the judge must dismiss the petition and direct the clerk to notify the petitioner.” A
petition may be dismissed without review of an answer “when the petition is
frivolous, or obviously lacking in merit, or where. . . the necessary facts can be
determined from the petition itself. . . .” Gorko v. Holt, Civ. No. 4:05-cv-956,
2005 WL 1138479 *1 (M.D. Pa. May 13, 2005)(McClure, J.)(quoting Allen v.
Perini, 424 F.2d 134, 141 (6th Cir. 1970).
Since he initiated his action before this Court, Petitioner is apparently
arguing that he may bring his present claims of an unconstitutional guilty plea and
sentence via a § 2241 petition. It would appear that it is Cruz-Danzot’s contention
that this Court has jurisdiction over his § 2241 action by virtue of his ongoing
detention at USP-Canaan.
When challenging the validity of a federal sentence and not its execution, a
federal prisoner is generally limited to seeking relief by way of a motion pursuant
to 28 U.S.C. § 2255.1 In re Dorsainvil, 119 F.3d 245, 249 (3d Cir. 1997); Russell
v. Martinez, 325 Fed. Appx. 45, 47 (3d Cir. 2009)(“a section 2255 motion filed in
the sentencing court is the presumptive means for a federal prisoner to challenge
the validity of a conviction or sentence”). A challenge can only be brought under §
2241 if “it . . . appears that the remedy by [a § 2255] motion is inadequate or
ineffective to test the legality of his detention.” 28 U.S.C. § 2255(e). This
language in § 2255, known as the safety-valve clause, must be strictly construed.
Dorsainvil, 119 F.3d at 251; Russell, 325 Fed. Appx. at 47 (the safety valve “is
extremely narrow and has been held to apply in unusual situations, such as those in
which a prisoner has had no prior opportunity to challenge his conviction for a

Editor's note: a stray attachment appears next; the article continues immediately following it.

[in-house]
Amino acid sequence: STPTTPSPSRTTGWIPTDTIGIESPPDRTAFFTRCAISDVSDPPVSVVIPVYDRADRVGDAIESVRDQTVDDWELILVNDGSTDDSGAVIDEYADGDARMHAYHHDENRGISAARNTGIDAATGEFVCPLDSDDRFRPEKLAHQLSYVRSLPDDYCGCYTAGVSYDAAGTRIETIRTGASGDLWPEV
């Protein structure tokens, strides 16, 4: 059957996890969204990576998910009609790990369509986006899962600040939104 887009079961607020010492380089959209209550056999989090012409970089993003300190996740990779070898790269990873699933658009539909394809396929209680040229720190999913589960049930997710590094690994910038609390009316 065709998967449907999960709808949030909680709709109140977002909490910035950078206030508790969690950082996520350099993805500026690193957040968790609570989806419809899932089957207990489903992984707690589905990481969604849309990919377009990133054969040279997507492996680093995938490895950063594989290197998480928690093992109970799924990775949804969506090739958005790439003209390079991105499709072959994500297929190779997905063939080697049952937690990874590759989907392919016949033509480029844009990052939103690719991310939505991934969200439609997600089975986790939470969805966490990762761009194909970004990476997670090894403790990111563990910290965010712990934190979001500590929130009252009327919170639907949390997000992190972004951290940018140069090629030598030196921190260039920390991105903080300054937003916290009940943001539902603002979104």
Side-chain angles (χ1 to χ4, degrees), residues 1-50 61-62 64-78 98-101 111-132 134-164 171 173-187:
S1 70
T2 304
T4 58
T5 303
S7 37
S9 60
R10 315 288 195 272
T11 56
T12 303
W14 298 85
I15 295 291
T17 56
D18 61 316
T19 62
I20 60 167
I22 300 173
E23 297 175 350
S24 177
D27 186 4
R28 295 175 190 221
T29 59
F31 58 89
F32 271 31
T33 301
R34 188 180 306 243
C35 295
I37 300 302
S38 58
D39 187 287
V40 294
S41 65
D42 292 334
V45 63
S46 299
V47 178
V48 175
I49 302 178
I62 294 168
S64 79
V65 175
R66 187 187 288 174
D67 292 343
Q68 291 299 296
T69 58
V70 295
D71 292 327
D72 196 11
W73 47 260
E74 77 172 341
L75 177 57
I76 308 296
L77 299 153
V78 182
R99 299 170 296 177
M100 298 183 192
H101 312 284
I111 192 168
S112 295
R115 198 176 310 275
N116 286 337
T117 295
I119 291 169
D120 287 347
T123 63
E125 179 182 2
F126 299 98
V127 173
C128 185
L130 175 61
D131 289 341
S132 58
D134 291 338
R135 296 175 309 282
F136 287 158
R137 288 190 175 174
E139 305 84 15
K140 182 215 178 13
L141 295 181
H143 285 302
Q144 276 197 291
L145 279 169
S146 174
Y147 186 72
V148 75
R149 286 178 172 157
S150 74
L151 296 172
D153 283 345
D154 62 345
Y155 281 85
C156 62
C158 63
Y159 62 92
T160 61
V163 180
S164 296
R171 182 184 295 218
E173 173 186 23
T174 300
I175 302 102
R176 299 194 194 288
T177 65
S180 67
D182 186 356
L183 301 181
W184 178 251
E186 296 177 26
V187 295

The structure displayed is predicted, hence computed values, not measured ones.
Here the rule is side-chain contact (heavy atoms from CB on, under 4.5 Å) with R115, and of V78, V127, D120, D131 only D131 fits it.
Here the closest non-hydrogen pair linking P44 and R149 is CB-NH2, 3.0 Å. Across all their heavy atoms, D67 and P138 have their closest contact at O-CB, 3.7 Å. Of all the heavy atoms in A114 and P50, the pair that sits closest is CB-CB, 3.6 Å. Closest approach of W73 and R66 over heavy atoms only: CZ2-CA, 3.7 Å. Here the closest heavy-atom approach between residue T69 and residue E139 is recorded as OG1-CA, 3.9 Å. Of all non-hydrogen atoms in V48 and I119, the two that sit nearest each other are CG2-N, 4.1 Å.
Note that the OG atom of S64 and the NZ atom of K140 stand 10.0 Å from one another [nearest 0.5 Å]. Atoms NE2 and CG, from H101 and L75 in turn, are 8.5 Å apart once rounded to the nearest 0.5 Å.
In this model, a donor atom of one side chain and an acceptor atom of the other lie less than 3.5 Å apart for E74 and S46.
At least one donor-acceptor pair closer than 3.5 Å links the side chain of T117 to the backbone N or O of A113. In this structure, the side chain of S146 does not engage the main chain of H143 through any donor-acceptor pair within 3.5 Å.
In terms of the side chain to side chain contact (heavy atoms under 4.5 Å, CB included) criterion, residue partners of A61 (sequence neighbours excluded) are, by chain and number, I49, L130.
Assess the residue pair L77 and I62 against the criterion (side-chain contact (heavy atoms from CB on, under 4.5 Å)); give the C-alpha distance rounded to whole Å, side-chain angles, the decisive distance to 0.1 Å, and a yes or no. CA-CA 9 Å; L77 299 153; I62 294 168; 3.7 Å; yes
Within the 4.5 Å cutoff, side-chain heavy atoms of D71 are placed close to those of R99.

crime later deemed to be non-criminal by an intervening change in the law”).
“It is the inefficacy of the remedy, not the personal inability to use it, that is
determinative.” Cradle v. United States, 290 F.3d 536, 538 (3d Cir. 2002).
A federal prisoner may challenge the execution of his sentence by initiating an action pursuant
to § 2241. See Woodall v. Federal Bureau of Prisons, 432 F.3d 235, 241 (3d Cir. 2005).
“Section 2255 is not inadequate or ineffective merely because the sentencing court
does not grant relief, the one-year statute of limitations has expired, or the
petitioner is unable to meet the stringent gatekeeping requirements of the amended
§ 2255.” Id. at 539. See also, Alexander v. Williamson, 324 Fed. Appx. 149, 151
(3d Cir. 2009).
It is initially noted that “the Supreme Court has not made Burrage
retroactive.” Alvarez v. Hastings, Civ. No. 2:14-cv-70, 2015 WL 4092657 *2
(S.D. Ga. July 6, 2015); Gibson v. Thomas, Civ. No. 3:14-cv-820, 2016 WL
213618 *5 (M. D. Pa. Jan. 19, 2016)(Caputo, J.) (the Supreme Court did not make
Burrage retroactive to cases on collateral review as such it does not fall within the
narrow Dorsainvil exception); Harrington v. Holland, Civ. No. 14-192, 2015 WL
2065945 * 3 (E.D. Ky May 4, 2015) (Burrage is not a decision which is
retroactively applicable to cases on collateral review).